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The white blood cell known as a cytotoxic T-cell is produced in small numbers in the body and could be reinjected to fight off cancer.
Cancer-killing cells have been grown in a lab by Japanese researchers, possibly a major breakthrough in treatments for the illness.
The white blood cell known as a cytotoxic T-cell is produced in small numbers in the body and could possibly be reinjected to fight off cancer.
Researchers at the RIKEN Research Centre for Allergy and Immunology were able to grow the cells in the lab and hope then to put them into a patient to bolster the immune system.
Prior research into creating the killer T lymphocytes has been fruitless.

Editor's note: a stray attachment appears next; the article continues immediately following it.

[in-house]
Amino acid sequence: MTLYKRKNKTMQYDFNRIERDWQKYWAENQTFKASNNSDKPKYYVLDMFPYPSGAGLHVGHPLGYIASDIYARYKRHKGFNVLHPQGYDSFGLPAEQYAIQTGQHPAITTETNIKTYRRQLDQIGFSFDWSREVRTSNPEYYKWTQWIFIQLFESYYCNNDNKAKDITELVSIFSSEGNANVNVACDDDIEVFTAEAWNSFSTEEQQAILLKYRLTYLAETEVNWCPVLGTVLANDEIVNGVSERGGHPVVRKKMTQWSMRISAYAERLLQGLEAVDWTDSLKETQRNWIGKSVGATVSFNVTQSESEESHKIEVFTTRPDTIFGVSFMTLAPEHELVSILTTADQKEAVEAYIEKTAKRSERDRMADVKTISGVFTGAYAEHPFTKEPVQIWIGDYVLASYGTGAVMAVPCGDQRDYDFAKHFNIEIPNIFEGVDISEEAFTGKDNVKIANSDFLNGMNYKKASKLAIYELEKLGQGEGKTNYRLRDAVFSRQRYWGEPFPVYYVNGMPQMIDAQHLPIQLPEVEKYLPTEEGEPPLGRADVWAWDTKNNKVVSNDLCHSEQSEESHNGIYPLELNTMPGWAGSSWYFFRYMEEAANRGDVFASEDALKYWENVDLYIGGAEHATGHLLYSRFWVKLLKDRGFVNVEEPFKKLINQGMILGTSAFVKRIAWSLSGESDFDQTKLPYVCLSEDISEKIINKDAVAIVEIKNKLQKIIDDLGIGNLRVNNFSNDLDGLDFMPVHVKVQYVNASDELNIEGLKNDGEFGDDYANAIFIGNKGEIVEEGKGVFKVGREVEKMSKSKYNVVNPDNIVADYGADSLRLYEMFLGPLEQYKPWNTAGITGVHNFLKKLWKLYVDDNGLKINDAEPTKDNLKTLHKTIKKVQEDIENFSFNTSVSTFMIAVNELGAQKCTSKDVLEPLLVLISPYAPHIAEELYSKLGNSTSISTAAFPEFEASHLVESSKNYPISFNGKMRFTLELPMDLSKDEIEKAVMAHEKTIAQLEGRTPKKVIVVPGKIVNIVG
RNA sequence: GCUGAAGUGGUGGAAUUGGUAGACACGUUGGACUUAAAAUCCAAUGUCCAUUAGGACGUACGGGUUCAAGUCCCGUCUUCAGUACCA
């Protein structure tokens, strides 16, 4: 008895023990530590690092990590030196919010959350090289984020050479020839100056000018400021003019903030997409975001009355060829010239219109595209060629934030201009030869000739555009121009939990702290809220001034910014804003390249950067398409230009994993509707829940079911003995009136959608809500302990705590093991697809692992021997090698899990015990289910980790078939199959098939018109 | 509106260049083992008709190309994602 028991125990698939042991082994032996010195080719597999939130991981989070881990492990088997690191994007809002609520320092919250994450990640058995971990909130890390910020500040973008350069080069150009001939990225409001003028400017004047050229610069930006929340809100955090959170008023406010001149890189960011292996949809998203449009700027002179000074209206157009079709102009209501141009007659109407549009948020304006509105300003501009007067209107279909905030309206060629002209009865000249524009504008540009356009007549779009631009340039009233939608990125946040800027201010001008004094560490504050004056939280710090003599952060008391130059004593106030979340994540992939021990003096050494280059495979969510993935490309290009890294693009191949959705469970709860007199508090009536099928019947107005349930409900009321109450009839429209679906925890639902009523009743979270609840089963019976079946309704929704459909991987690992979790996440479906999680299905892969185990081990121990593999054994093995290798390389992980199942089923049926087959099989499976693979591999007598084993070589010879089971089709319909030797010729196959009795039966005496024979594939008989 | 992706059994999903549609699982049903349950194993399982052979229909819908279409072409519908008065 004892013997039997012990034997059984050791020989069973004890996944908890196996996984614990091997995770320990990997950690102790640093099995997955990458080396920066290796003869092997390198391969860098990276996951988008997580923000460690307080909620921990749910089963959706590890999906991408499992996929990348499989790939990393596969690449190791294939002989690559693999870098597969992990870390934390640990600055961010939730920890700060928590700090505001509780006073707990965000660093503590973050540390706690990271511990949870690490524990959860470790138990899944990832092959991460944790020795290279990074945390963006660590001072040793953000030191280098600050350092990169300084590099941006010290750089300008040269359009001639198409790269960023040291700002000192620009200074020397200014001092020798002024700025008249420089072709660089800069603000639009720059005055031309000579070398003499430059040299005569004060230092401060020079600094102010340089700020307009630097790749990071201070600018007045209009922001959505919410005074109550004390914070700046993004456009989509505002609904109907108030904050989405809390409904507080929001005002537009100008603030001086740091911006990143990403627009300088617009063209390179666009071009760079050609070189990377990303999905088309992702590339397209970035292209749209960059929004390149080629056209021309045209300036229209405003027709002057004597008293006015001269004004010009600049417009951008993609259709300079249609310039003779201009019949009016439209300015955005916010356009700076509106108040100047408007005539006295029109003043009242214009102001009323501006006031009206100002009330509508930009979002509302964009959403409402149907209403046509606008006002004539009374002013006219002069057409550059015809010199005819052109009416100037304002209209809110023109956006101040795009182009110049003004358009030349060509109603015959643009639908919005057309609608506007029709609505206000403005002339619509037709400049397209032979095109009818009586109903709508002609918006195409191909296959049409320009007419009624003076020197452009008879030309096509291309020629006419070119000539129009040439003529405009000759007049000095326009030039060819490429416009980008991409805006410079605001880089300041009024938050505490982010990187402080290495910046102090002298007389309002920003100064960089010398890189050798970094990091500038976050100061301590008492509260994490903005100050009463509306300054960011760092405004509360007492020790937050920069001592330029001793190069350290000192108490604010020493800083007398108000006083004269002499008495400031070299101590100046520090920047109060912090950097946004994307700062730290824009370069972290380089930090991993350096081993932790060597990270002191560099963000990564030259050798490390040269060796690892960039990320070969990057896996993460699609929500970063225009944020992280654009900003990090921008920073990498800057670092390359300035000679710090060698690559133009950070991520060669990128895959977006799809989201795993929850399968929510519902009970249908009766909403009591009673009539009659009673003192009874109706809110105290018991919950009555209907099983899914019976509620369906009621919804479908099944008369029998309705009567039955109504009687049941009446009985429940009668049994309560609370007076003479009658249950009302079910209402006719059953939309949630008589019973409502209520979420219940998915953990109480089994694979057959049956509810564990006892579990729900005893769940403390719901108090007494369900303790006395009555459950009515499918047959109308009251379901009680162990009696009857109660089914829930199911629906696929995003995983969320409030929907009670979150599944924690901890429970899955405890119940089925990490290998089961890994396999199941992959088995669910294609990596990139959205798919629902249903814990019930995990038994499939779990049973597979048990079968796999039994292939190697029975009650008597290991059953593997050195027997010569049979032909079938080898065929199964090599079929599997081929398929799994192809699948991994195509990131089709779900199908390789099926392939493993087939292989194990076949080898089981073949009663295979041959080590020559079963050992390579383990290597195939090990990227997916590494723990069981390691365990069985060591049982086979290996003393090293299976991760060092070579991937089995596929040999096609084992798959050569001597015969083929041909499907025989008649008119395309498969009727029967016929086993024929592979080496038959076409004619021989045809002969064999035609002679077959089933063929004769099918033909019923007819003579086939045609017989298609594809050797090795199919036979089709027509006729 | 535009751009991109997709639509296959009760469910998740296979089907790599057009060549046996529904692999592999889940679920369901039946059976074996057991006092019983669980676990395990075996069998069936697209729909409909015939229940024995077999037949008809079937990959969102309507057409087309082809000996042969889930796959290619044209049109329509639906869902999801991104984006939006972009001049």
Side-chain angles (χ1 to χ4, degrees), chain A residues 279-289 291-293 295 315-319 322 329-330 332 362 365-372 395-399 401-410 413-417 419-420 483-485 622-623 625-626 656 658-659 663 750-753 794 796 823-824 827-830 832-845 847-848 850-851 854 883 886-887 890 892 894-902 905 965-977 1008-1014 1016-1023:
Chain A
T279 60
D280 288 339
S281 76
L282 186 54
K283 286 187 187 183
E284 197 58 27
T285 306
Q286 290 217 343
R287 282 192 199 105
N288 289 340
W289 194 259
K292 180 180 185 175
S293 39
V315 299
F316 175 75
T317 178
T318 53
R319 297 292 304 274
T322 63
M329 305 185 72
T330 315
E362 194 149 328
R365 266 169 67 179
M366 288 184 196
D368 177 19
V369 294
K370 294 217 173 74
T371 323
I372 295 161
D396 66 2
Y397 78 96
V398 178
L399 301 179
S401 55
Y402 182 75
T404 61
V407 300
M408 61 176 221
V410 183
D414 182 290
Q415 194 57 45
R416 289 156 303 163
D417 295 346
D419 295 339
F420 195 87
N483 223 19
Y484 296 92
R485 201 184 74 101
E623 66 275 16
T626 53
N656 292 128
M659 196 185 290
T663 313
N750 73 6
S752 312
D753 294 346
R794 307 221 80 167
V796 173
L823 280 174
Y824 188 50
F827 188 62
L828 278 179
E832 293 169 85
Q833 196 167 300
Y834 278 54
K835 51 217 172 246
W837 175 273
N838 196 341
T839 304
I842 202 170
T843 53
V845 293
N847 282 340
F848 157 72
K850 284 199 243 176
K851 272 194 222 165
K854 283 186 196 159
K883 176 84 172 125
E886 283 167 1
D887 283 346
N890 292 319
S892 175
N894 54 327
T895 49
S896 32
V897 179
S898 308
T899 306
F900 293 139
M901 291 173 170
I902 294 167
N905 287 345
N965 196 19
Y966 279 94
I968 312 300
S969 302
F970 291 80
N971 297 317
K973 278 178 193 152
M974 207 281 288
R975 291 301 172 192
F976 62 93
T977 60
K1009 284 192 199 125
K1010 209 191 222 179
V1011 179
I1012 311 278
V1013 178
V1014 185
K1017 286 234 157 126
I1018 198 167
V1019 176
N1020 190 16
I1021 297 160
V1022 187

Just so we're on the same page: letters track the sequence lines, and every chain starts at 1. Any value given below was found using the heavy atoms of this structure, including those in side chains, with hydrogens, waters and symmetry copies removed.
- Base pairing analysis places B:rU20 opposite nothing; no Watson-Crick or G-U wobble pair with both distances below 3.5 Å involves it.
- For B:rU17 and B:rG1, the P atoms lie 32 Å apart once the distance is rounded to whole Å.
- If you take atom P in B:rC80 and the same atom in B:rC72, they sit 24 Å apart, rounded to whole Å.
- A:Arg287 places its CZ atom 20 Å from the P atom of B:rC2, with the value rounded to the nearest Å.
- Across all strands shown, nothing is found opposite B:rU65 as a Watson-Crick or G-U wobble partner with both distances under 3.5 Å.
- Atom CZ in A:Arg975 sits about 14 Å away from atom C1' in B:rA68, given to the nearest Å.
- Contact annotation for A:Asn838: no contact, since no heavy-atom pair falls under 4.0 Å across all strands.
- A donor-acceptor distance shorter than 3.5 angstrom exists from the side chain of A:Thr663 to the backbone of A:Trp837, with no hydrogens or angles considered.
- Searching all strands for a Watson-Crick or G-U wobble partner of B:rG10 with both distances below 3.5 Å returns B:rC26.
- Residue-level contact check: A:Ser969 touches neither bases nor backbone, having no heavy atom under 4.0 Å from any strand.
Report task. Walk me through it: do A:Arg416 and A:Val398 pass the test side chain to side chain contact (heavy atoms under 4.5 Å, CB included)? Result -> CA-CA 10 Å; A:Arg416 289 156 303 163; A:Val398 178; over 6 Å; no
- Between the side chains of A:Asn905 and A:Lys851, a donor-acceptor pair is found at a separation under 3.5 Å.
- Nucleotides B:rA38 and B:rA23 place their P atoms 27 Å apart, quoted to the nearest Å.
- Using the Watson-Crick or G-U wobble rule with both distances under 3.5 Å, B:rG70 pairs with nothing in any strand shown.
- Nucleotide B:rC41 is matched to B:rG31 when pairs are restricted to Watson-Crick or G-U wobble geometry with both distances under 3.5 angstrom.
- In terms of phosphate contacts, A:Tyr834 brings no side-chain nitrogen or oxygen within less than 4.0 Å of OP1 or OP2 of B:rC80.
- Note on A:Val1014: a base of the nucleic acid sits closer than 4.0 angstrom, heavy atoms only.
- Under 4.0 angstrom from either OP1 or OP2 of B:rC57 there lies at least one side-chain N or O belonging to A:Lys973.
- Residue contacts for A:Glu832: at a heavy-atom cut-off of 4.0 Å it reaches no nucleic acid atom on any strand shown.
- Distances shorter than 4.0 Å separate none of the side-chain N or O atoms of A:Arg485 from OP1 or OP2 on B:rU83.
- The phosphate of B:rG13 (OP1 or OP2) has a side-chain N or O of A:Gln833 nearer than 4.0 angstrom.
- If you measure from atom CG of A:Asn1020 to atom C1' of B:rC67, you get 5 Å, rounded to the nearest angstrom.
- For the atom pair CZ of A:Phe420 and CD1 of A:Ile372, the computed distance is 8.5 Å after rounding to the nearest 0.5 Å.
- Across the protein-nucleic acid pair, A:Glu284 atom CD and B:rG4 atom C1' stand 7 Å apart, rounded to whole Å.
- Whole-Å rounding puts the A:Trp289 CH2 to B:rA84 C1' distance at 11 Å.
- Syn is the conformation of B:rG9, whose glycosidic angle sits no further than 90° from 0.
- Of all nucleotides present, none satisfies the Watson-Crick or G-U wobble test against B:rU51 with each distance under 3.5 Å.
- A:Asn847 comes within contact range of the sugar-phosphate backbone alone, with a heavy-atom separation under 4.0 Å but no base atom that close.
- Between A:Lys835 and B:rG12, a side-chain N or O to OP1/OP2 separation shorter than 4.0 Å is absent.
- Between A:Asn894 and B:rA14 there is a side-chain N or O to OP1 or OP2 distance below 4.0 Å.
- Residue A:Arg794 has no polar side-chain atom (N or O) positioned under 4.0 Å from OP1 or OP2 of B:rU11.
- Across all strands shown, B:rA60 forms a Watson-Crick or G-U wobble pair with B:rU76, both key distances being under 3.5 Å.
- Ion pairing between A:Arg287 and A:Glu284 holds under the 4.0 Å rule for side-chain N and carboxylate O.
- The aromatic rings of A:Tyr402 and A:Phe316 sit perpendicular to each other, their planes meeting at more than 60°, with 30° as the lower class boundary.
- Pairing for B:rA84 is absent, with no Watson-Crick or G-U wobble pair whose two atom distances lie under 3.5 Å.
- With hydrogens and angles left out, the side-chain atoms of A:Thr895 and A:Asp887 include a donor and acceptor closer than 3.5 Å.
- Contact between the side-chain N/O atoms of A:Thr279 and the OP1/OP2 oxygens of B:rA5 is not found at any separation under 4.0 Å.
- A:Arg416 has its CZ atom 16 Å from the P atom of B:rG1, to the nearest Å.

Previous efforts have not been able to create long-lasting cells, which has limited their use as an effective treatment.
The Daily Mail reported that the new research takes these cytotoxic (killer - in a good way) immune cells and uses a technique called "induced pluripotent stem-cell" to make them grow and divide.
These cells then can revert back to their original form after becoming stem cells (which can multiply) but in much larger numbers.
BBC reported that so far the scientists have only been able to create these cells.
It is still unclear whether the cells can be reinjected or if they will attack the right diseased cells.
"The next step will be to test whether these T-cells can selectively kill tumour cells, but not other cells in the body," said study co-author Hiroshi Kawamoto, according to BBC.
"If they do, these cells might be directly injected into patients for therapy. This could be realized in the not-so-distant future."
The findings were published in the journal Cell Stem Cell.